Instagram gives brands a new reason to invest in the production of high quality stories.
Brands and all other Instagram users can now submit collections of their old Instagram stories on their profile pages, the Facebook-owned photo and video platform announced on Tuesday.
Called Stories Highlights, these collections of stories from the past can be crafted from Stories articles that Instagram will automatically record in private archives accounts published by an account. accounts can disable this self-archiving feature. Brands can select the history publications to add to a selection of stories, name the collection and choose a miniature cover.
Stories Highlights will appear in a horizontal carousel near the top of the account profile pages above the gallery of photos and videos shared with the main stream of Instagram, and there will has no limit on the number of highlights posted on the profile page of an account.
Instagram will not include ads in Stories Highlights, and brands will not be able to register an ad in an article on Highlight, according to an Instagram spokeswoman .
For brands, Stories Highlights could help convert more people into followers by teasing the types of stories that a brand publishes. According to Instagram, 200 million people view at least one profile page of a brand, but two-thirds of these people do not follow the brand. Now the brand can use Stories Highlights to show them more of what they're missing.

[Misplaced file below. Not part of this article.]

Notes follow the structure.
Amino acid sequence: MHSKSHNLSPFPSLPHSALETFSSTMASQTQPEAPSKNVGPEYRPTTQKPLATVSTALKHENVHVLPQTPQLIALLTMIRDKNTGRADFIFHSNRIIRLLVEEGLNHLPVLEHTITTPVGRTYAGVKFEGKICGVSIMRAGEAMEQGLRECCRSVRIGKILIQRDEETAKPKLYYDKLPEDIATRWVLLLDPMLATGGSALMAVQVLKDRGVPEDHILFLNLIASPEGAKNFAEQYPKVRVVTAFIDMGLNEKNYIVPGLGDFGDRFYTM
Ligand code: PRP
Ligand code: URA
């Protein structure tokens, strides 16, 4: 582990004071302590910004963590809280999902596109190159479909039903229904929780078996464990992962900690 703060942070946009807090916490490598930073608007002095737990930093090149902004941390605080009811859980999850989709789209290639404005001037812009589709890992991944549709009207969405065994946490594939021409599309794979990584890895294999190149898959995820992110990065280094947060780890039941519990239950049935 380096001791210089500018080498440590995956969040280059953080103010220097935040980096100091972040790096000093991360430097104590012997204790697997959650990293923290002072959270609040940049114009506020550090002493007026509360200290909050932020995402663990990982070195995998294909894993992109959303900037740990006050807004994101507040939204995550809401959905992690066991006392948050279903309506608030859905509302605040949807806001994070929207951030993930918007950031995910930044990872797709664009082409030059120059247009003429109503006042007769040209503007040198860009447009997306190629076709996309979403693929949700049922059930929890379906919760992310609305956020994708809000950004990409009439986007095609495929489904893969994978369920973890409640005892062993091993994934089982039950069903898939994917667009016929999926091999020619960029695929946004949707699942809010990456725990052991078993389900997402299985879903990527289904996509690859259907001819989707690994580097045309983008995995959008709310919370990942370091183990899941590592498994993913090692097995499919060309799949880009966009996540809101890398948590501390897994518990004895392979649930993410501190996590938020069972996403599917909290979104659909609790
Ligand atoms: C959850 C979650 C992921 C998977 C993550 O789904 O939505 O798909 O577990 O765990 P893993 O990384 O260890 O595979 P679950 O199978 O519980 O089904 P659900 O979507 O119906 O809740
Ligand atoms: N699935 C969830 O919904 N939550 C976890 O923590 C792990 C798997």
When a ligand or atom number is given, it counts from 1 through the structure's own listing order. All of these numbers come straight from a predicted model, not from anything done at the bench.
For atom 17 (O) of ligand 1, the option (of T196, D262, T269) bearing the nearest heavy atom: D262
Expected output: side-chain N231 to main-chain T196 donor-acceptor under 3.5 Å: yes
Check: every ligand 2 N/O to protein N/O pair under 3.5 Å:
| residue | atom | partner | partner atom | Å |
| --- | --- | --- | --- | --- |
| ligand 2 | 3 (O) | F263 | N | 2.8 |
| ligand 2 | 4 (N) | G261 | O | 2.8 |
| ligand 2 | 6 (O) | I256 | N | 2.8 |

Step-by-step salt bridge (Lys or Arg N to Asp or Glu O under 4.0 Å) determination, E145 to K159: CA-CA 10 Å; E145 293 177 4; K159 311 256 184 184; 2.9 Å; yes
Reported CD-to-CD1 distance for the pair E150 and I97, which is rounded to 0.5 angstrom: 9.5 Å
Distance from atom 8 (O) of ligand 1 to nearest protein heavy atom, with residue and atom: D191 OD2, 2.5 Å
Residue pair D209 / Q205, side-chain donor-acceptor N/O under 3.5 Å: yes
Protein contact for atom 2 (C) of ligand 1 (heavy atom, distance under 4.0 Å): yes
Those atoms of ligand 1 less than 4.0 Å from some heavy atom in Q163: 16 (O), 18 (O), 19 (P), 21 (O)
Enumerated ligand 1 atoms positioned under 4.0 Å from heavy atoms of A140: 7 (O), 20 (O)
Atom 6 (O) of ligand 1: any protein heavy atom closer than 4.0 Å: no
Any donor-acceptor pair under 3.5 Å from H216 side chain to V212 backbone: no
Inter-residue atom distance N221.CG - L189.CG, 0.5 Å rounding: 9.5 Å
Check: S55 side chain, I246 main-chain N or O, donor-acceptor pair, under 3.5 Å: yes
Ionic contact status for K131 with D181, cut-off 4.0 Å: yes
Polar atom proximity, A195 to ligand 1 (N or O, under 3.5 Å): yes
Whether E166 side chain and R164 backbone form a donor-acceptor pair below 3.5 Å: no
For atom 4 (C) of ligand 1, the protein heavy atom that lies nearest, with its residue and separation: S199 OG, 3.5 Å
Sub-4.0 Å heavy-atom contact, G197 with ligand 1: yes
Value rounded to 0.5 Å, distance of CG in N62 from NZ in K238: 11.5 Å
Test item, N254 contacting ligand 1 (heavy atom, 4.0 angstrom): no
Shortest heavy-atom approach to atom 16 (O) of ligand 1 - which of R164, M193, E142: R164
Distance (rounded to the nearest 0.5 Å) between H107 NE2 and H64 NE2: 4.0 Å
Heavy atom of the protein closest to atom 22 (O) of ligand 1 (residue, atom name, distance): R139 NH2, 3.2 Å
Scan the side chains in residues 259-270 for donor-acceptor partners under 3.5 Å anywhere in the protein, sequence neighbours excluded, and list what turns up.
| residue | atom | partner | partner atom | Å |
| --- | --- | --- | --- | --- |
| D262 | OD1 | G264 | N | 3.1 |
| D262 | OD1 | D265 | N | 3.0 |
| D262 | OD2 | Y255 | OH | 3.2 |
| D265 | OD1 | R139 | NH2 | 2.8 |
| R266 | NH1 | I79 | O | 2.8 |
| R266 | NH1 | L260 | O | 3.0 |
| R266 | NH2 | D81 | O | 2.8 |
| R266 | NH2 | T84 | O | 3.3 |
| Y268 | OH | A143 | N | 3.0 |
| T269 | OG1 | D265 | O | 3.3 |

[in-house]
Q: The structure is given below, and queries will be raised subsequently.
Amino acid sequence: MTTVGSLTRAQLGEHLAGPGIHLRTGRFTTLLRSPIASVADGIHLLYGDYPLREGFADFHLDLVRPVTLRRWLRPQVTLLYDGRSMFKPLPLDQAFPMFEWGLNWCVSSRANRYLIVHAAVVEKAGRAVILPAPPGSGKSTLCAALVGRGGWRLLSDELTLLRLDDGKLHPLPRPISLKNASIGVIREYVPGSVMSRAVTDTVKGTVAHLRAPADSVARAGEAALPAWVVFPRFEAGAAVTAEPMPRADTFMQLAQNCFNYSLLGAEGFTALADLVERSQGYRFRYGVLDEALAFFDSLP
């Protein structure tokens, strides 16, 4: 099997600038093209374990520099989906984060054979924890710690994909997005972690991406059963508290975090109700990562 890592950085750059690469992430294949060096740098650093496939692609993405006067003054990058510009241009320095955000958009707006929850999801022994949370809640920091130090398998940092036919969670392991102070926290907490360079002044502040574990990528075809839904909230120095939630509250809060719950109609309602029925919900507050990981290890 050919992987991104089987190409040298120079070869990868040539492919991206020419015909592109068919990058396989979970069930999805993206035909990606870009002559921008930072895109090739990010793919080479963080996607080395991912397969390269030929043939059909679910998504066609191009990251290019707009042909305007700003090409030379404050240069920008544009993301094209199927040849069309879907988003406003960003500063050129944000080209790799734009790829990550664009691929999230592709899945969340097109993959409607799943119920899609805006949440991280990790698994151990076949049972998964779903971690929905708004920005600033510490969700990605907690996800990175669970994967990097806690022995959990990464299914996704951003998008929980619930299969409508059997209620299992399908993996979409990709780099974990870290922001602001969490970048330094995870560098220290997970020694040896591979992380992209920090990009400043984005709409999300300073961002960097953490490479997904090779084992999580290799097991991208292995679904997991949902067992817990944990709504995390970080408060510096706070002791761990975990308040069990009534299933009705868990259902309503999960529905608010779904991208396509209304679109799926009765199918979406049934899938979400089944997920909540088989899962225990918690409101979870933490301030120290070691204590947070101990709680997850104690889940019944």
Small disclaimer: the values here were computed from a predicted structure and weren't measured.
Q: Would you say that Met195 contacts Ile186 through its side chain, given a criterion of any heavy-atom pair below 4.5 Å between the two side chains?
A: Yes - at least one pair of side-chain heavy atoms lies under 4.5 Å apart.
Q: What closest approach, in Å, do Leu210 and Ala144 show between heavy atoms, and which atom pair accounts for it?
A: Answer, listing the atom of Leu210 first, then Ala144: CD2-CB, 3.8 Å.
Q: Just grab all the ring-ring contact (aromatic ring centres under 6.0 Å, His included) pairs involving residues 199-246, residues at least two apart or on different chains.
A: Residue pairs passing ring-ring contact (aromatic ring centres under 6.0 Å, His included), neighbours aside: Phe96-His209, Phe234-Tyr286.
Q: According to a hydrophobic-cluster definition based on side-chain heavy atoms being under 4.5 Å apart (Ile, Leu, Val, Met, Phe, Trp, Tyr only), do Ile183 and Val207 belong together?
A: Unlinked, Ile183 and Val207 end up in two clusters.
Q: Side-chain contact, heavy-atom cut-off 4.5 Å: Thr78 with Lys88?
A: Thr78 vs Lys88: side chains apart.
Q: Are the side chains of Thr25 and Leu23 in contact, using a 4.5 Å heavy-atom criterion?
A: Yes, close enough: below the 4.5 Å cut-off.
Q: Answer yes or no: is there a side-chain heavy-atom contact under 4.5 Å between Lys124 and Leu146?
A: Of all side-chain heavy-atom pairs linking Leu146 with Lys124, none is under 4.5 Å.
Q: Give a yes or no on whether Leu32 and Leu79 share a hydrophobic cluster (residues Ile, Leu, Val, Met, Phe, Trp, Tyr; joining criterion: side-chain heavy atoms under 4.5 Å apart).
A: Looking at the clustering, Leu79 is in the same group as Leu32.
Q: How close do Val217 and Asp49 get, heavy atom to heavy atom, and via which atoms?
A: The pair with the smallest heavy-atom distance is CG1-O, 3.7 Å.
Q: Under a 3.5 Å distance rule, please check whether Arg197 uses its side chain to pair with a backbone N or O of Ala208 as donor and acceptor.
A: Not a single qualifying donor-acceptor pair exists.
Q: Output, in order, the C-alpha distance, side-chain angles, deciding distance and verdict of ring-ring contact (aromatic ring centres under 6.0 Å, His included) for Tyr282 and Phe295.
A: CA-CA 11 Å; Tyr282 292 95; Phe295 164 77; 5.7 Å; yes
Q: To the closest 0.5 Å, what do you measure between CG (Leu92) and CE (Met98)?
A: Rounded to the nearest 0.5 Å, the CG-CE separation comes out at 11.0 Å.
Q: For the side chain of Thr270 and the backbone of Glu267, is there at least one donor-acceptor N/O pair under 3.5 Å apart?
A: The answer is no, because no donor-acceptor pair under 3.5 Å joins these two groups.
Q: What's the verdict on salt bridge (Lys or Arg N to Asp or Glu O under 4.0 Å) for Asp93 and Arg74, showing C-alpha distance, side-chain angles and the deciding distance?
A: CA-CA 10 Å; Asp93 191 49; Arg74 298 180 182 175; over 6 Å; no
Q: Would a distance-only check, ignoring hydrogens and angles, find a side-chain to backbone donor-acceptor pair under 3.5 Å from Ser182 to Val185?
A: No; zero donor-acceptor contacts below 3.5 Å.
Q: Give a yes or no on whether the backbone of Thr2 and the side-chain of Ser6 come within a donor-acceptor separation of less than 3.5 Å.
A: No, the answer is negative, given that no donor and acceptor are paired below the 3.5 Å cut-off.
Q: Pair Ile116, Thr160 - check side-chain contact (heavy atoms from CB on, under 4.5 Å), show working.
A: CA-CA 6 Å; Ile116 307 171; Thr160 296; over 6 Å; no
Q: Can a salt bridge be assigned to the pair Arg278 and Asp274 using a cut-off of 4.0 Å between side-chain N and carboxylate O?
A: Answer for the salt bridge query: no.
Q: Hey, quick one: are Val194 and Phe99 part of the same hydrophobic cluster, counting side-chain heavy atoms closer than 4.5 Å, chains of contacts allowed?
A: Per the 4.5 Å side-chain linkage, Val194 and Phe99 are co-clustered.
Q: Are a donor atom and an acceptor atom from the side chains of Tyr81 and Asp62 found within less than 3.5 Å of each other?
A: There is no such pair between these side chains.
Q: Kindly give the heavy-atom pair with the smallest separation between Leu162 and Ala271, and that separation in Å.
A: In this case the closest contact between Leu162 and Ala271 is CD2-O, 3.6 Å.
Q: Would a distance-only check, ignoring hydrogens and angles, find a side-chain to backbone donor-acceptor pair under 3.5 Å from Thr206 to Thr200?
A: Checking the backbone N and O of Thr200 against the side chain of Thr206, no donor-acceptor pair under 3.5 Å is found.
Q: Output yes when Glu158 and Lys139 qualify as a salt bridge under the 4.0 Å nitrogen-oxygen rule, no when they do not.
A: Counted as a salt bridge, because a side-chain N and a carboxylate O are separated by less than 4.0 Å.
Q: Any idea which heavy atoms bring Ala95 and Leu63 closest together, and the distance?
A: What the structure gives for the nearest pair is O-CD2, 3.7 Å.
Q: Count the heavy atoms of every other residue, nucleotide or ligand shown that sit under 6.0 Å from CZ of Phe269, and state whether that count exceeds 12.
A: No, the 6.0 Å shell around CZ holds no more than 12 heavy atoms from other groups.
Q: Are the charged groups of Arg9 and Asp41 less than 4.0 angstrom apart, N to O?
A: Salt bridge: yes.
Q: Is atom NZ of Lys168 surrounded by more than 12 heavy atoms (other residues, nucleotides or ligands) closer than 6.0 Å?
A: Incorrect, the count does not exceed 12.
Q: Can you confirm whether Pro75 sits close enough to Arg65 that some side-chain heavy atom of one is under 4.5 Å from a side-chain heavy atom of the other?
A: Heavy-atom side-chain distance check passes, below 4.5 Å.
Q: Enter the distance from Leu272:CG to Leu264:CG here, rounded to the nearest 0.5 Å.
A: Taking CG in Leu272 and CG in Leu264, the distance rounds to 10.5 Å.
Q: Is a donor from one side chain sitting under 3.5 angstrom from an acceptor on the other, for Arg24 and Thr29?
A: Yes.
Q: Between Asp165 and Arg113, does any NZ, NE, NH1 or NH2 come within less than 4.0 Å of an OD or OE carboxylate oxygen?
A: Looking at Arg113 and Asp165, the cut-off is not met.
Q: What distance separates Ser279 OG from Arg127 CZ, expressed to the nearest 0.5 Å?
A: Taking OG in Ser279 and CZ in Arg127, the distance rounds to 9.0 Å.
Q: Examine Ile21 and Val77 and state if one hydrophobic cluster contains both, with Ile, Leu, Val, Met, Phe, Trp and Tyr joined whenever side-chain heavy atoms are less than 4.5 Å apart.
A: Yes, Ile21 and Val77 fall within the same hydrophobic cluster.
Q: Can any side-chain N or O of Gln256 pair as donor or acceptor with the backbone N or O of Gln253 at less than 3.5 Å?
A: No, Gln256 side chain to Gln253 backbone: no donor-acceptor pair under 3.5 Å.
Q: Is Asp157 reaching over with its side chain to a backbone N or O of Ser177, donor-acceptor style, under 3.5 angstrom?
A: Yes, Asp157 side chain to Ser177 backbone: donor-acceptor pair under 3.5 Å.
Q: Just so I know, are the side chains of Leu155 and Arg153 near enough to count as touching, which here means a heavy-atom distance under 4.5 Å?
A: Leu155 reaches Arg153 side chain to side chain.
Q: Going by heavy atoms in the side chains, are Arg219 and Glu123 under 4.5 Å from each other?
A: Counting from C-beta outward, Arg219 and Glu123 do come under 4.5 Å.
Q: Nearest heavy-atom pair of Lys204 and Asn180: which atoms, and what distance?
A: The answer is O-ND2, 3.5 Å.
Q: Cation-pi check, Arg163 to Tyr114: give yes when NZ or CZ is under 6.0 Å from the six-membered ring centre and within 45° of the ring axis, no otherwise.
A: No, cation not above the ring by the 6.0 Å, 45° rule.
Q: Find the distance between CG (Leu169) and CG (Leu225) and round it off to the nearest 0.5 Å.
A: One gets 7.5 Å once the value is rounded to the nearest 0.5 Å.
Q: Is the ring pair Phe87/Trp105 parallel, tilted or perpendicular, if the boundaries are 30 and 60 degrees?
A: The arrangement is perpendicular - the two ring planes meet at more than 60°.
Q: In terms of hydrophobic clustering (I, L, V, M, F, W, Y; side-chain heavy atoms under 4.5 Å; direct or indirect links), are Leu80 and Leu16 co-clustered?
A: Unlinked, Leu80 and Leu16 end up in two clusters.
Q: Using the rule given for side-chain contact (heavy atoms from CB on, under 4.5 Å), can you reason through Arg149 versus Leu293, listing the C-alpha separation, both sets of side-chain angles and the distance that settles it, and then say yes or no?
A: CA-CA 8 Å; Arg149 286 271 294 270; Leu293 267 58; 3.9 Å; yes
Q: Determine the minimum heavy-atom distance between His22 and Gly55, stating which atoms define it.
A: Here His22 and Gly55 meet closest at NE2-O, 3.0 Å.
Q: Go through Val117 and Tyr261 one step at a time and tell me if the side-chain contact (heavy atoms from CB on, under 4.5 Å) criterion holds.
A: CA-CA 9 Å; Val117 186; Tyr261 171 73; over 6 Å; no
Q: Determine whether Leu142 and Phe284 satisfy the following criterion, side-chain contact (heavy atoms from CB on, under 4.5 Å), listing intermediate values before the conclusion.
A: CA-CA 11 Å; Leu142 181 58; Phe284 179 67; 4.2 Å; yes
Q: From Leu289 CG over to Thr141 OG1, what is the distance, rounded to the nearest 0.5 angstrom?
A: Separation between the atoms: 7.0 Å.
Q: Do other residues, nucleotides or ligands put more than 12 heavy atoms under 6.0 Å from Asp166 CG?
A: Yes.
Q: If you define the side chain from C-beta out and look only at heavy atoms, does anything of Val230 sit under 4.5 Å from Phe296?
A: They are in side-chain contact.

Stories Highlights can also give brands more reasons to invest in better stories. Brands should never want to lose people's attention – especially when an algorithm determines how much attention a brand can tune – but the ephemeral nature of the Stories format can make it too easy for brands to find their way. 39, ignore the value of their content because it disappears after 24 hours. Now that brands can resurrect their stories in the highlights, they can be more encouraged to produce compelling stories.
For example, a retail brand might publish weekly stories that explore another of its brick-and-mortar stores – now that brands can collect these disparate stories, gone since in Stories. Or a television network that publishes stories related to its programs could group these stories into highlights of the program's own stories. And marketers or media companies interested in producing episodic stories, but worried that their ephemeral would mitigate the return on investment could now extend their life through highlights – and probably expand their audience.